I’ve learned that a long road trip alone allows my mind to travel a lot of obscure trails. That’s okay in nice weather. It isn’t good, however, to let myself get distracted when the snow is whipping around the fenders. A couple of times I had already slid, once nearly into the ditch. While I was remembering Sherry and how Rebel came into my life, I almost missed a curve. I skidded and nearly lost control. My old high school driver’s-ed class came through for me, though.
I slowed down even more after that. I knew that the little place I usually stayed at on this part of the road wasn’t too much farther. It was called the ‘Double G’. It was an old place along the treacherous road that skirted Lake Muncho. There was a newer place just before I got to it, and I had stayed there once. But to me a hotel room -- especially on a ‘point A to point B’ trip -- is just a place to flop down and restore from the day’s travel. The place I had found on my first trip down the highway was quaint and friendly. It was a café and gas station with a few rooms to rent. It also cost considerably less than the other place.
What won me over, really, was the sign. It wasn’t the sign on the pole by the road. It was the sign nailed to the side of the row of their five rooms. I arrived late that first time. I wasn’t sure there was anybody around. A light shone from the main building’s second story, and there were three lights burning over three of the rooms, so I was encouraged. When I pulled in, my headlights flashed across the sign that had another dim, bare bulb above it.
The sign said, “After 9PM, pick a cabin with a light on and see the manager in the morning”. It rang my bell. I suppose they occasionally lose a night’s revenue from people arriving late and leaving early, but I believe that most people -- up here, at least -- are basically honest. People in the North Country (capital N, capital C) have to depend on each other too much to make a habit of ripping others off. I found a room and crashed for the night.
I wasn’t even sure that place was still open this late in the year. I knew the owner pulled his boat (“Fishing Trips! Fish Guaranteed!”) out of the lake the last week of September. I passed the newer lodge and kept my fingers crossed as I rounded the next half dozen curves along the lake.
As I came around the last turn the glow of lambent light from the Double G filtered through the whipping snow. I breathed a sigh of relief. I was ‘home’. At least I was home for the night, and I told Rebel. He thumped the door with his tail in his joy, but his chin never left my thigh.
I crunched through the icy rifts piled up around the parking area. Over the five doors, there were four lights still burning. As the sign said, the way their system worked, a lit bulb was the signal that the room was vacant. The only other vehicle there was a Jeep Cherokee. There wasn’t much snow in its tracks, so I knew it was a fairly recent arrival, too.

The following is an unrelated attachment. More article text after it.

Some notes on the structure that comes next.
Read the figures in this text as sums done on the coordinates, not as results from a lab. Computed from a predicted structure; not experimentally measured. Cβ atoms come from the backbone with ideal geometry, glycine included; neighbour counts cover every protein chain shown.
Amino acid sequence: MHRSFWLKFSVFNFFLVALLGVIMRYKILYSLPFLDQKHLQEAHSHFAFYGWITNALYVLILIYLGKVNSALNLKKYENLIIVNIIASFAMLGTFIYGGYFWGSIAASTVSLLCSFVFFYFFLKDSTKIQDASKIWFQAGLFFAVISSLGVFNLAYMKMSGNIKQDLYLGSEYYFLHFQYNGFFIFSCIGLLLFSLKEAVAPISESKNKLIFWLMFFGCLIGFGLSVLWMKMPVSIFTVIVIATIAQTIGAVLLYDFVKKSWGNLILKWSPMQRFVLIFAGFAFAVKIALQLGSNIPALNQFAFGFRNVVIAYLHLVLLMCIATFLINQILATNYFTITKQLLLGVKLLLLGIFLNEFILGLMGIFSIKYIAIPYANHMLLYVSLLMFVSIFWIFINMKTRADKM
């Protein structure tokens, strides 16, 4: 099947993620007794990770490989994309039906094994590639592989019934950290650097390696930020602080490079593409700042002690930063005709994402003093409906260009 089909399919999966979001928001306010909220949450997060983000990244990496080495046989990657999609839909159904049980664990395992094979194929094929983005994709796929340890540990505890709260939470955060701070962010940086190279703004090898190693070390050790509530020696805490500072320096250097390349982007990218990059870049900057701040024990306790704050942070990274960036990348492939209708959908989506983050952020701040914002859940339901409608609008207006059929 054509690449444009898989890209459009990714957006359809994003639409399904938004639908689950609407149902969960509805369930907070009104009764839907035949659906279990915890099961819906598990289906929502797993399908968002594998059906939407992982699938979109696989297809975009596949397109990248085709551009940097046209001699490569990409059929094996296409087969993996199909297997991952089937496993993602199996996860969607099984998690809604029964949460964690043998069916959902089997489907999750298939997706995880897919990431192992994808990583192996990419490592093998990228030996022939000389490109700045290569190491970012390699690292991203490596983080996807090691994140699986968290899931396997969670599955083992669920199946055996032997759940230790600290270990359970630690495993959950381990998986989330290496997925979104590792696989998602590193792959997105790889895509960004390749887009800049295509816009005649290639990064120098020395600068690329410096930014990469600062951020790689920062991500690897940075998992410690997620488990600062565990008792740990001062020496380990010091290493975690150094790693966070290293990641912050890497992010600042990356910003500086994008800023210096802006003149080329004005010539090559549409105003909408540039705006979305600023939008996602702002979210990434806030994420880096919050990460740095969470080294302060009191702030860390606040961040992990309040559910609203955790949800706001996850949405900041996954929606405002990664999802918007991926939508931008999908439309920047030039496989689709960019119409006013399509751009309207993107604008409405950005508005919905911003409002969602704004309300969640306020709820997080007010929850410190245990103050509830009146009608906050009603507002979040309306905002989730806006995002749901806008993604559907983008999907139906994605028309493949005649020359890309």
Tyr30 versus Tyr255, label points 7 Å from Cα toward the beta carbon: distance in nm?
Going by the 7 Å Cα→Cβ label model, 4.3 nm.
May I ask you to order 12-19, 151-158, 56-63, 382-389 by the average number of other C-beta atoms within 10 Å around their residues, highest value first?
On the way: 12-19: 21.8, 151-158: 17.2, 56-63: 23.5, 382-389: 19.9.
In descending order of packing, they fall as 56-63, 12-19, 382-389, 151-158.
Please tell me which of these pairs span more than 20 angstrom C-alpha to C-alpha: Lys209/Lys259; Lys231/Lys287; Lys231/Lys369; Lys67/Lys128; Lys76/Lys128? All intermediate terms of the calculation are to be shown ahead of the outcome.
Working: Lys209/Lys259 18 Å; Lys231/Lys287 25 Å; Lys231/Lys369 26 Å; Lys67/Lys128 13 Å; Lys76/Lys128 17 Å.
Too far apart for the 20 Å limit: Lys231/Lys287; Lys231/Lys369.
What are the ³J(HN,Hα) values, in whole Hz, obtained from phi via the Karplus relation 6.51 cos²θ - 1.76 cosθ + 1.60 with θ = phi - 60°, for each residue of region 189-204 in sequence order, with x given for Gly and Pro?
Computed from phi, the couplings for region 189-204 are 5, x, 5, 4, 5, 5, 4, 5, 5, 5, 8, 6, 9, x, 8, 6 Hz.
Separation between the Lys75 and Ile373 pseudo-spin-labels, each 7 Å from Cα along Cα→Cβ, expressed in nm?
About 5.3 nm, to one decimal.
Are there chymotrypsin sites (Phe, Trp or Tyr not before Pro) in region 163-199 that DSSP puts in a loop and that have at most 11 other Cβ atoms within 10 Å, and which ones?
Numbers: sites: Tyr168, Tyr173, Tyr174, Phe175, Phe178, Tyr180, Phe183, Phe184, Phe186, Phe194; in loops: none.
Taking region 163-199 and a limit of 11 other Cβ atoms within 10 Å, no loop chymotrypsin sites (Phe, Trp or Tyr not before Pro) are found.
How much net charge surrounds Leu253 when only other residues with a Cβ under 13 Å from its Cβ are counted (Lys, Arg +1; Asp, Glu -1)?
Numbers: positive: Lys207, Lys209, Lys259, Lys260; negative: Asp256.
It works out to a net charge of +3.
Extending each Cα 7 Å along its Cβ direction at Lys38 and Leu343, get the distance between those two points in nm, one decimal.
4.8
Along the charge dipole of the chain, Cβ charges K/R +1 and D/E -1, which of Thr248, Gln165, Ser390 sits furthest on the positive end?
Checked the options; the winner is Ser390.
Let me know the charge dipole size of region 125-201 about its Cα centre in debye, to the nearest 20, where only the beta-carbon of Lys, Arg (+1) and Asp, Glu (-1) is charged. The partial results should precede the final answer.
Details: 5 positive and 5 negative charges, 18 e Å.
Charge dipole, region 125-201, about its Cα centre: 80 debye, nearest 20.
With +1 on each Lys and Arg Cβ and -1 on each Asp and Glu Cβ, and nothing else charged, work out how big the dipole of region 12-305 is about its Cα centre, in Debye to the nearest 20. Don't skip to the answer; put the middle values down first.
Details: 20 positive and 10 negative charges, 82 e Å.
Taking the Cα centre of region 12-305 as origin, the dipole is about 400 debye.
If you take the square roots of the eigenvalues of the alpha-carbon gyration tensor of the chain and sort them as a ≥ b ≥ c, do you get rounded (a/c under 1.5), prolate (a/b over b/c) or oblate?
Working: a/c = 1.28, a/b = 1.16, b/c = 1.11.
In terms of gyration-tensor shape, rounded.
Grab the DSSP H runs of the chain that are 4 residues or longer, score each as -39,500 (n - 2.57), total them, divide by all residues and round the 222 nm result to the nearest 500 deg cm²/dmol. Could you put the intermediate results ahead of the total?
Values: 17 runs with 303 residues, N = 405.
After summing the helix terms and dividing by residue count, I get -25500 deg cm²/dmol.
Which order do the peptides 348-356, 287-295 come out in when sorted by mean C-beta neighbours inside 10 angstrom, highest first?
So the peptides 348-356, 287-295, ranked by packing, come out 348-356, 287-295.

I left Rebel in the truck and walked to the lighted door two down from the one that was dark. I tried the knob and the room proved to be empty as promised. I returned to the truck and brought my duffel and dog in. I brushed the snow from Rebel’s paws and stomped my boots before removing them. The owners provided an oversized wiry coconut mat just inside the door for the purpose.
I knew already that there was no phone, no TV, and no coffee service. This place was rustic. It was my kind of place for this kind of trip. I fed Rebel and set down his water bowl. After that I just stripped down and crawled between the cold sheets, shivering. The thick blankets contained my body heat and my shivering stopped soon enough. I slept.
The next morning I scolded Rebel, but not too severely. I woke to find his doggy breath wafting over my neck. The dream evaporated -- it was about a leggy blonde who kept snuggling up to me. I pushed him off the bed and felt my nose. It was cool, but not frigid. I slipped out of the bed and hurried to turn on the shower. I stuck my cup under the hot water and stirred in a spoonful of instant coffee. I took it into the shower with me.
Fortunately, Rebel was on ‘road trip mode’. He had become conditioned to wait until I was ready to take him out for his morning constitutional. At times, he became rather antsy with the waiting, but it usually worked out. He was sitting by the outside door when I came out of the bathroom. I dressed quickly and pulled my watch cap down on my damp hair. Before I opened the door I pulled the curtain on the small window back. It was still dark, but the snow and wind had stopped. The lights of the three unoccupied rooms reflected off the ice crystals that topped the snow that lay in a thick blanket over everything.